03-10-2014, 11:32 AM
#1
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It amazes me that over a hundred years ago, folks were able to produce great images. Here is an picture called Three Porcupines, by William Lyman Underwood, c.1895.
[Image: uUPhn7G.jpg]

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 03-10-2014, 12:14 PM
#2
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yes - but professional photographers have made great photos since the start of photography. maybe it will be beneficial to use more time on each shot? Rolleyes

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 03-10-2014, 12:47 PM
#3
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John, that is a wonderful image! Too bad those weren't badgers. Can you imagine using a brush from one of those chaps in the pic? Biggrin

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 03-10-2014, 01:47 PM
#4
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Longer than that. There are great images from the Civil War and before.

What amazes me is that photographers lugged glass plates to places I NEVER would lug glass and the required darkrooms, just to get an image.

That having been written, while I love my digital cameras, I really do mourn the (more or less) passing of film. But I really do like having my darkroom in my computer.

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 03-10-2014, 02:00 PM
#5
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Great photography is as rare as great art. The great photographers knew the value of light and would wait all day for the right light before shooting, or come back at the same time the next day hoping to catch that perfect image.

Though black and white, few would argue that Ansel Adams has a peer when it comes to the use of composition and light.

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 03-10-2014, 02:38 PM
#6
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(03-10-2014, 02:00 PM)Aimless1 Wrote: Great photography is as rare as great art. The great photographers knew the value of light and would wait all day for the right light before shooting, or come back at the same time the next day hoping to catch that perfect image.

Though black and white, few would argue that Ansel Adams has a peer when it comes to the use of composition and light.

+1 He was a magnificent photographer!

Can you imagine taking pics as in the old days. We would have a weekly SOTD, instead of a daily SOTD! Biggrin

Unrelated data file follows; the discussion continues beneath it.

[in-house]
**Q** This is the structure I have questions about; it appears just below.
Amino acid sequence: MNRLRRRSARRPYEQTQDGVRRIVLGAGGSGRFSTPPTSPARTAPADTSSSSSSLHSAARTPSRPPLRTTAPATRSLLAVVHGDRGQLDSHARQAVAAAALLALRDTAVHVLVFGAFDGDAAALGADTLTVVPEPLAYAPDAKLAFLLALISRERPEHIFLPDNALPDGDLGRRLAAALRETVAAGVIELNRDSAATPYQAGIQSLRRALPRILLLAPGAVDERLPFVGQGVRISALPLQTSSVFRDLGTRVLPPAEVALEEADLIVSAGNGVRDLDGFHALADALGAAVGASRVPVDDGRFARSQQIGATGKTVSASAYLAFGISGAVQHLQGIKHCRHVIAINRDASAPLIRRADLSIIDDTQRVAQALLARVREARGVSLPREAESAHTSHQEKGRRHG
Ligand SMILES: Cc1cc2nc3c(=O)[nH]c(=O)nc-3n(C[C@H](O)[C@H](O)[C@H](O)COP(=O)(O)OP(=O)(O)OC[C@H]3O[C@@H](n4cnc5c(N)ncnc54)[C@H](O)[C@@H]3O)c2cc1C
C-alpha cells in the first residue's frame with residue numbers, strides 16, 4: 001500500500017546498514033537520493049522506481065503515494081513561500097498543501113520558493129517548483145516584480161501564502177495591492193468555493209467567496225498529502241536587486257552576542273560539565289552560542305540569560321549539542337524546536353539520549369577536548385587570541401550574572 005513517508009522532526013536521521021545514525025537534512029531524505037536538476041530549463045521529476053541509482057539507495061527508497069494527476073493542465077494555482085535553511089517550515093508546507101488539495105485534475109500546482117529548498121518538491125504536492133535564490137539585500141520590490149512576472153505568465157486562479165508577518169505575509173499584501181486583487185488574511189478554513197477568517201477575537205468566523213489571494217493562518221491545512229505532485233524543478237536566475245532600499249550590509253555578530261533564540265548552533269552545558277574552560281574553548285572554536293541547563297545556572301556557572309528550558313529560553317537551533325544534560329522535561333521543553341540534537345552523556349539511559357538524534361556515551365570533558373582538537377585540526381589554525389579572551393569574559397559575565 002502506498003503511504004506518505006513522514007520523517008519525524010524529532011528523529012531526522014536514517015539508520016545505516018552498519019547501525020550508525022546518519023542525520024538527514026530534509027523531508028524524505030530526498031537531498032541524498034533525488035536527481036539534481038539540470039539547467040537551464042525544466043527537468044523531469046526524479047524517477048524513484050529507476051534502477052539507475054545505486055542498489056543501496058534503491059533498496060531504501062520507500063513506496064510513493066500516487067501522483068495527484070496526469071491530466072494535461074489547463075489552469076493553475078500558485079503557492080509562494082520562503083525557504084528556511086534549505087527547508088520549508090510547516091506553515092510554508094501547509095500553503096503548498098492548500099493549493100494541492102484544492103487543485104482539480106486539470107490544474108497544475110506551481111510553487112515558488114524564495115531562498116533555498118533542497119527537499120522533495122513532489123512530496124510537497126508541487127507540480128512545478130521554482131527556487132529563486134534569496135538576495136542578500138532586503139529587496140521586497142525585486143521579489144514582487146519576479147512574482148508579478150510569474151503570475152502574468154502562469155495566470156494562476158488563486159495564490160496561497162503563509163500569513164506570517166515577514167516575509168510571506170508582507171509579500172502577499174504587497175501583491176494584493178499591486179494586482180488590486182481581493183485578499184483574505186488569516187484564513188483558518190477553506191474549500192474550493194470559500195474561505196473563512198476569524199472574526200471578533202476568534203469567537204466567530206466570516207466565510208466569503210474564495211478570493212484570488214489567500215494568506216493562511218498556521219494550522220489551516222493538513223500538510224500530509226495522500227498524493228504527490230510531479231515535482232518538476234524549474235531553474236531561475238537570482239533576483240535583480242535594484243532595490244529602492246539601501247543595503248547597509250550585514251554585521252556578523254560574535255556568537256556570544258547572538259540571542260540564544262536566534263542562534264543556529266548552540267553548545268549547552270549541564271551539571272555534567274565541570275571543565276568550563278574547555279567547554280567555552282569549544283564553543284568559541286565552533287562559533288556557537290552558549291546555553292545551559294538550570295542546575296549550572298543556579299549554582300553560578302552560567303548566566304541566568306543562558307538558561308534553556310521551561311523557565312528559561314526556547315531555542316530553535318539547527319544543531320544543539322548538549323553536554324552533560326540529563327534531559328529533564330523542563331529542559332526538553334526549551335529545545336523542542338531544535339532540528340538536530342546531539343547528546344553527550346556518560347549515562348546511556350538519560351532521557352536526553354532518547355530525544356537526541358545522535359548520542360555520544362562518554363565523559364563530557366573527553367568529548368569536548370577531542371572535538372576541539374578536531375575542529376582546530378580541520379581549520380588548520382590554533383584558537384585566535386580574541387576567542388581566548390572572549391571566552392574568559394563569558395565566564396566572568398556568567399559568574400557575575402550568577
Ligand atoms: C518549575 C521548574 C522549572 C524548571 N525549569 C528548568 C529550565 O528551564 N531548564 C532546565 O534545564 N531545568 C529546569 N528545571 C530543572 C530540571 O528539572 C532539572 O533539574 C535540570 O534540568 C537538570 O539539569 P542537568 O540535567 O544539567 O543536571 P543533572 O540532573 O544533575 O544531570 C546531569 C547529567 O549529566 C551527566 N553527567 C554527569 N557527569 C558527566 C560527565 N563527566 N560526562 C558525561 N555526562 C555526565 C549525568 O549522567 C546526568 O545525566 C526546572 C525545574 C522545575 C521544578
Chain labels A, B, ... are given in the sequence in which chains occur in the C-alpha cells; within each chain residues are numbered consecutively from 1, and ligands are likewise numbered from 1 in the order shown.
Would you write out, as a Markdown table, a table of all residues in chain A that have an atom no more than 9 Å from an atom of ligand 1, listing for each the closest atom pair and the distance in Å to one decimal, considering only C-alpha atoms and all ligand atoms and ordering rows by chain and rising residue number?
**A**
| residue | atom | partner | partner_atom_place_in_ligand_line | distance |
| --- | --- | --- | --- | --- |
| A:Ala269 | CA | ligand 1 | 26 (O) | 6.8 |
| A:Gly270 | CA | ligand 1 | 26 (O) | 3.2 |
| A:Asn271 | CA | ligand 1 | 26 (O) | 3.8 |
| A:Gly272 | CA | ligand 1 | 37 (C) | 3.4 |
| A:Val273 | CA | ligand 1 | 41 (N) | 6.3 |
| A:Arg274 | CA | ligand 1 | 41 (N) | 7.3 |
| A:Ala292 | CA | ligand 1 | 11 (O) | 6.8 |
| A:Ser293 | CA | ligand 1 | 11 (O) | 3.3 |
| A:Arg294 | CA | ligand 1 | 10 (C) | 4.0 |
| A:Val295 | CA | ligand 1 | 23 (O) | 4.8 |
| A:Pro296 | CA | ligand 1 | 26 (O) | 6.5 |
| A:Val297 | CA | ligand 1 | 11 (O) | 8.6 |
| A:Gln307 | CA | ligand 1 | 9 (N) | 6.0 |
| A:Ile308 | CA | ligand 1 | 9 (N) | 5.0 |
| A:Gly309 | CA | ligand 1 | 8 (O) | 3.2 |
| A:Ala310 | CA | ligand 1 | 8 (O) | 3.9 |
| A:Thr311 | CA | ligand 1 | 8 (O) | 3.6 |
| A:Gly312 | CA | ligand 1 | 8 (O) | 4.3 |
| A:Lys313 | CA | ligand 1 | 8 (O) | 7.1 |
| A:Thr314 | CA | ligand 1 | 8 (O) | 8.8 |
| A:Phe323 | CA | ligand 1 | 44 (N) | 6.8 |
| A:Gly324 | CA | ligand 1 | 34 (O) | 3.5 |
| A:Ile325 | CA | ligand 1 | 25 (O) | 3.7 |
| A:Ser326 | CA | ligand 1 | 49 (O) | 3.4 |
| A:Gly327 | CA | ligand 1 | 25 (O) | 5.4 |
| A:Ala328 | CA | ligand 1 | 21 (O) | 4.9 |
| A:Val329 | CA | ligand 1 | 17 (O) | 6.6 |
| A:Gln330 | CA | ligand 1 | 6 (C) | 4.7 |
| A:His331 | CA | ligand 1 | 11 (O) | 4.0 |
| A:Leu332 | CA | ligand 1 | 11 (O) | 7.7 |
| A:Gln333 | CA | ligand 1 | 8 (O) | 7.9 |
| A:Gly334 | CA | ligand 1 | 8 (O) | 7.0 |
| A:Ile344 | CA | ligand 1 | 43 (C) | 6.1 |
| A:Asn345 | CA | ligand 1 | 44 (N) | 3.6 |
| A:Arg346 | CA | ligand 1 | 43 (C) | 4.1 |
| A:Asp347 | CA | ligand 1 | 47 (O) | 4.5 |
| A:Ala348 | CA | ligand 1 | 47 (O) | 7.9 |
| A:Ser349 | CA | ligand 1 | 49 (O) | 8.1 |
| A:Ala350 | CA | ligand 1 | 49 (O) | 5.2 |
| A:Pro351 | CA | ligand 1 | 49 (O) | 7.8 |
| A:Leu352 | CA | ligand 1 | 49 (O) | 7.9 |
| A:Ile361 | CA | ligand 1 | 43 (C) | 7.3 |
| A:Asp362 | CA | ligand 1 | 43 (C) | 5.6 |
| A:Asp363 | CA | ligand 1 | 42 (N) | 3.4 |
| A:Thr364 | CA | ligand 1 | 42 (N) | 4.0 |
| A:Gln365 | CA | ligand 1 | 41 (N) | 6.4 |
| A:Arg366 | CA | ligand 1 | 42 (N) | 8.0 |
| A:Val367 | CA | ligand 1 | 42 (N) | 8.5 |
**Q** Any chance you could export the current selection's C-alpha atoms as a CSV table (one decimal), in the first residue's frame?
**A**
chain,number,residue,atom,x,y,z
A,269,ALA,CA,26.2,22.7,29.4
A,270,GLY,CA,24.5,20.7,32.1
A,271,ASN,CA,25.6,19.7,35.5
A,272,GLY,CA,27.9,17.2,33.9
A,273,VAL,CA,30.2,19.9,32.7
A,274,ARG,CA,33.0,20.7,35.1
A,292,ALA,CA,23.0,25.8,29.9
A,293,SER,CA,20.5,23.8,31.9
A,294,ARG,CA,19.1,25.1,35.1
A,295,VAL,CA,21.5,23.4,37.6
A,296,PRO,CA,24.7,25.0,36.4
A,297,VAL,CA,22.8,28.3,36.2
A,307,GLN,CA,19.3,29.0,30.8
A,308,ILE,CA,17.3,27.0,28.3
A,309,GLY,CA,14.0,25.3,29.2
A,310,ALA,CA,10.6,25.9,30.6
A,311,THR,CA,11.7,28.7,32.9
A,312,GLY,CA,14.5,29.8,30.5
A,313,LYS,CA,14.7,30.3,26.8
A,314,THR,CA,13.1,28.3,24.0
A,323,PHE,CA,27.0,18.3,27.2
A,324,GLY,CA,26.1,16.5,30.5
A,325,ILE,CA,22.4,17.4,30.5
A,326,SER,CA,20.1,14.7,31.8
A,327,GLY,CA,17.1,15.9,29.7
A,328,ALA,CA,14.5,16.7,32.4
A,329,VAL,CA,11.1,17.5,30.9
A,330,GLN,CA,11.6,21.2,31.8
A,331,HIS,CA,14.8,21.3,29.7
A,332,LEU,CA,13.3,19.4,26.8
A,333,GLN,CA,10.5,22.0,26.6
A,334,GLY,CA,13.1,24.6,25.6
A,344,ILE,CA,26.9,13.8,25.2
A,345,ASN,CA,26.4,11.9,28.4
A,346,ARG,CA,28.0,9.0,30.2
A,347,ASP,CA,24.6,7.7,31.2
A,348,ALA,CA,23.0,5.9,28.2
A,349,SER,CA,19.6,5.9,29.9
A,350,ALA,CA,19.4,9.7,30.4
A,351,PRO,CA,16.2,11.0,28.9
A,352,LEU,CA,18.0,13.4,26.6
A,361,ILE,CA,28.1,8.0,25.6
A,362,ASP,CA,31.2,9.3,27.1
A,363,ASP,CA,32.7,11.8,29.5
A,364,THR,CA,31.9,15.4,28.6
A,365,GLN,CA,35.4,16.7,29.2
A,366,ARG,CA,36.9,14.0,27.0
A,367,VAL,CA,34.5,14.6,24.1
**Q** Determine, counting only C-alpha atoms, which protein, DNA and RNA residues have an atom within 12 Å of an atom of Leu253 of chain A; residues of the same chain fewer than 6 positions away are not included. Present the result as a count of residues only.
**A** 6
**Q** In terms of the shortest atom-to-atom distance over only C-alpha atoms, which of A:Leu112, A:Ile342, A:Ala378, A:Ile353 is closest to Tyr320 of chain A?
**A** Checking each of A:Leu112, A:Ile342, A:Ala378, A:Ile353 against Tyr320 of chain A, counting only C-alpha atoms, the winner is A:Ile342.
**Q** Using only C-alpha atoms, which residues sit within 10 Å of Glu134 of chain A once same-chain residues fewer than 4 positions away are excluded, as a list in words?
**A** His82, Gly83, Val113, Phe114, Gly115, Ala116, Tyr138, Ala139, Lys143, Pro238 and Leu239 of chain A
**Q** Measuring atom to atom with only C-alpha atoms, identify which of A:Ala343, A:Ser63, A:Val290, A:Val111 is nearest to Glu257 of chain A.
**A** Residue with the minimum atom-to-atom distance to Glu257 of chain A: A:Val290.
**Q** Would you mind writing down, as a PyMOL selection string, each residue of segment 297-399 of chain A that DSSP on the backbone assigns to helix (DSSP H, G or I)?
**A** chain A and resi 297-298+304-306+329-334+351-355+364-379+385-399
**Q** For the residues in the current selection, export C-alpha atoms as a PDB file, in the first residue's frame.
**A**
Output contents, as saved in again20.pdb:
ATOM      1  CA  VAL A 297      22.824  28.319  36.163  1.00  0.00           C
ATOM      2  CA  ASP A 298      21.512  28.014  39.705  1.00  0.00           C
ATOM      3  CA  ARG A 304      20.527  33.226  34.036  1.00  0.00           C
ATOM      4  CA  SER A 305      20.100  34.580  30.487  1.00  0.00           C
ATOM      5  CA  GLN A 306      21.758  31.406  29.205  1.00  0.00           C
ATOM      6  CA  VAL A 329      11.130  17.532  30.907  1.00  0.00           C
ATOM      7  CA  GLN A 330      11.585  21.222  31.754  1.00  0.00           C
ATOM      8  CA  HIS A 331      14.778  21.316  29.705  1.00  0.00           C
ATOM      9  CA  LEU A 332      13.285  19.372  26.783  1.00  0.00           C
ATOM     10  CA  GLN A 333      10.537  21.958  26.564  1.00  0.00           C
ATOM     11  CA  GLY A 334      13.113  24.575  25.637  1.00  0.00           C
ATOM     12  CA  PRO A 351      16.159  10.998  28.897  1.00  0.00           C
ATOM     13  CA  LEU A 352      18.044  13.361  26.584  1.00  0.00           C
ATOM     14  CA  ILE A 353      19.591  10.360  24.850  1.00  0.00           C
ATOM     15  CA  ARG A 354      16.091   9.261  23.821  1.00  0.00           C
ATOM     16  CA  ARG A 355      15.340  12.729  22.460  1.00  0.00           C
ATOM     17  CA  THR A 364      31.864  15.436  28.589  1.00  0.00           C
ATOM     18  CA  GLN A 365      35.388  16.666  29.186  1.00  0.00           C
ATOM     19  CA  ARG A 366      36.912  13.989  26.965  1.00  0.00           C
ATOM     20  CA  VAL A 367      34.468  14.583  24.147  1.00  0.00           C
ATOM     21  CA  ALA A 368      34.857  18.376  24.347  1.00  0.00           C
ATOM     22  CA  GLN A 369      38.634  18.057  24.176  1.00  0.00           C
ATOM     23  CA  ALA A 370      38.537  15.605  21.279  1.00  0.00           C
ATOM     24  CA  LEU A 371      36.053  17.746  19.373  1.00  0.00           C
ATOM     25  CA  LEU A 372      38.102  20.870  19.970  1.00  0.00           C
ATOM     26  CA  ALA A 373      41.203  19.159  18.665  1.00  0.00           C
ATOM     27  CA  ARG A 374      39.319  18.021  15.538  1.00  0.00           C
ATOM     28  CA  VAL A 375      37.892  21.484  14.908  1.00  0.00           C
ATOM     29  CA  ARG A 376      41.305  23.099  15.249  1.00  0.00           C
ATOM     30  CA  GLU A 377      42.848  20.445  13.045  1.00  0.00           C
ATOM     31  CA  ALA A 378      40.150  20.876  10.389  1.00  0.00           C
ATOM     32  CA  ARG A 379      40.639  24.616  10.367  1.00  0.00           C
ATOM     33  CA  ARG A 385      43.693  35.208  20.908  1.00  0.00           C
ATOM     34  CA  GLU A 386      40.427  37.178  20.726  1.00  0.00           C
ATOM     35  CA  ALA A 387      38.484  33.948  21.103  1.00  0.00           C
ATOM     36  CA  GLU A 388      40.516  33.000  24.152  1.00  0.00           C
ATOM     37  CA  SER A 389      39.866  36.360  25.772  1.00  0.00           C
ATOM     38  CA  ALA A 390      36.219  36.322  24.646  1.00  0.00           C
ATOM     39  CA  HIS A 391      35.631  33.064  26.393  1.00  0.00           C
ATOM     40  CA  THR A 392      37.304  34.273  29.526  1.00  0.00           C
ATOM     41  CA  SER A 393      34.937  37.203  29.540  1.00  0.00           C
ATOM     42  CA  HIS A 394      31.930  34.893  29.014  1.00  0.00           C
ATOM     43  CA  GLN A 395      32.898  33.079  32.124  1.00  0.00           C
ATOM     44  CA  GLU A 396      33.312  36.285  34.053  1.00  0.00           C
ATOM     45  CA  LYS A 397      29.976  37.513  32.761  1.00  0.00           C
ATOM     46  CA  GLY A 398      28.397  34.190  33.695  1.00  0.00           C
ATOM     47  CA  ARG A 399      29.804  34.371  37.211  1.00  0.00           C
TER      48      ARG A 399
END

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 03-10-2014, 02:49 PM
#7
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My back aches just thinking of lugging that heavy gear around Smile

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 03-10-2014, 02:51 PM
#8
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(03-10-2014, 02:38 PM)celestino Wrote: Can you imagine taking pics as in the old days. We would have a weekly SOTD, instead of a daily SOTD! Biggrin

maybe that could be a good thing: BSOTW (best shave of the week) Cool

one of my favorite photographers is iwase yoshiyuki (1904-2001). for information about his art have a look here: http://www.bachmanneckenstein.com/object...Iwase.html

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 03-10-2014, 04:54 PM
#9
  • Shaun
  • Senior Member
  • St Peters, NSW, Australia
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Many millions of glass plates were recycled for use in greenhouses. The light, of course, faded the images completely away. Now, there's an interesting ghost story there for a creative, literary type Smile I do know that a lot of the Ken Burns images used in the Civil War series were taken from glass plates. Amazing series. Music too:



Better musical version:


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 03-10-2014, 06:31 PM
#10
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......

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 03-10-2014, 08:22 PM
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Wow, 8 hours! Can you imagine doing that for our SOTD pics?! Biggrin

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 03-16-2014, 10:49 AM
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(03-10-2014, 02:00 PM)Aimless1 Wrote: Though black and white, few would argue that Ansel Adams has a peer when it comes to the use of composition and light.

Ansel Adams lugged hundreds of pounds of equipment up mountains and would sit for days waiting for just the right light for some of his most famous works. The patience and skill required for these masterpieces cannot be understated. Photographs on glass plates, you had to know EXACTLY what you were looking for as far as lighting etc as it would take days to get to your shooting location, more days to get the lighting just the way you wanted it, and days to get back down. Only then would you begin to develop your plates in the darkroom and hope you got what you thought you got.

While there is no doubt there are excellent artists today with a camera, it is a different era. You can shoot hundreds of pictures in a row to get just the right one. Post processing to make your pictures far more vibrant, or to isolate one color or object with color. I sometimes wonder what Adams could have done with today's equipment.

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 03-16-2014, 11:59 AM
#13
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(03-10-2014, 08:22 PM)celestino Wrote: Wow, 8 hours! Can you imagine doing that for our SOTD pics?! Biggrin

Heh daguerreotypes preceded photography as a means of portraiture but took almost an hour of sitting time to develop. Hence why no one smiled; holding a smile is more exhausting over that time.


- Josh -

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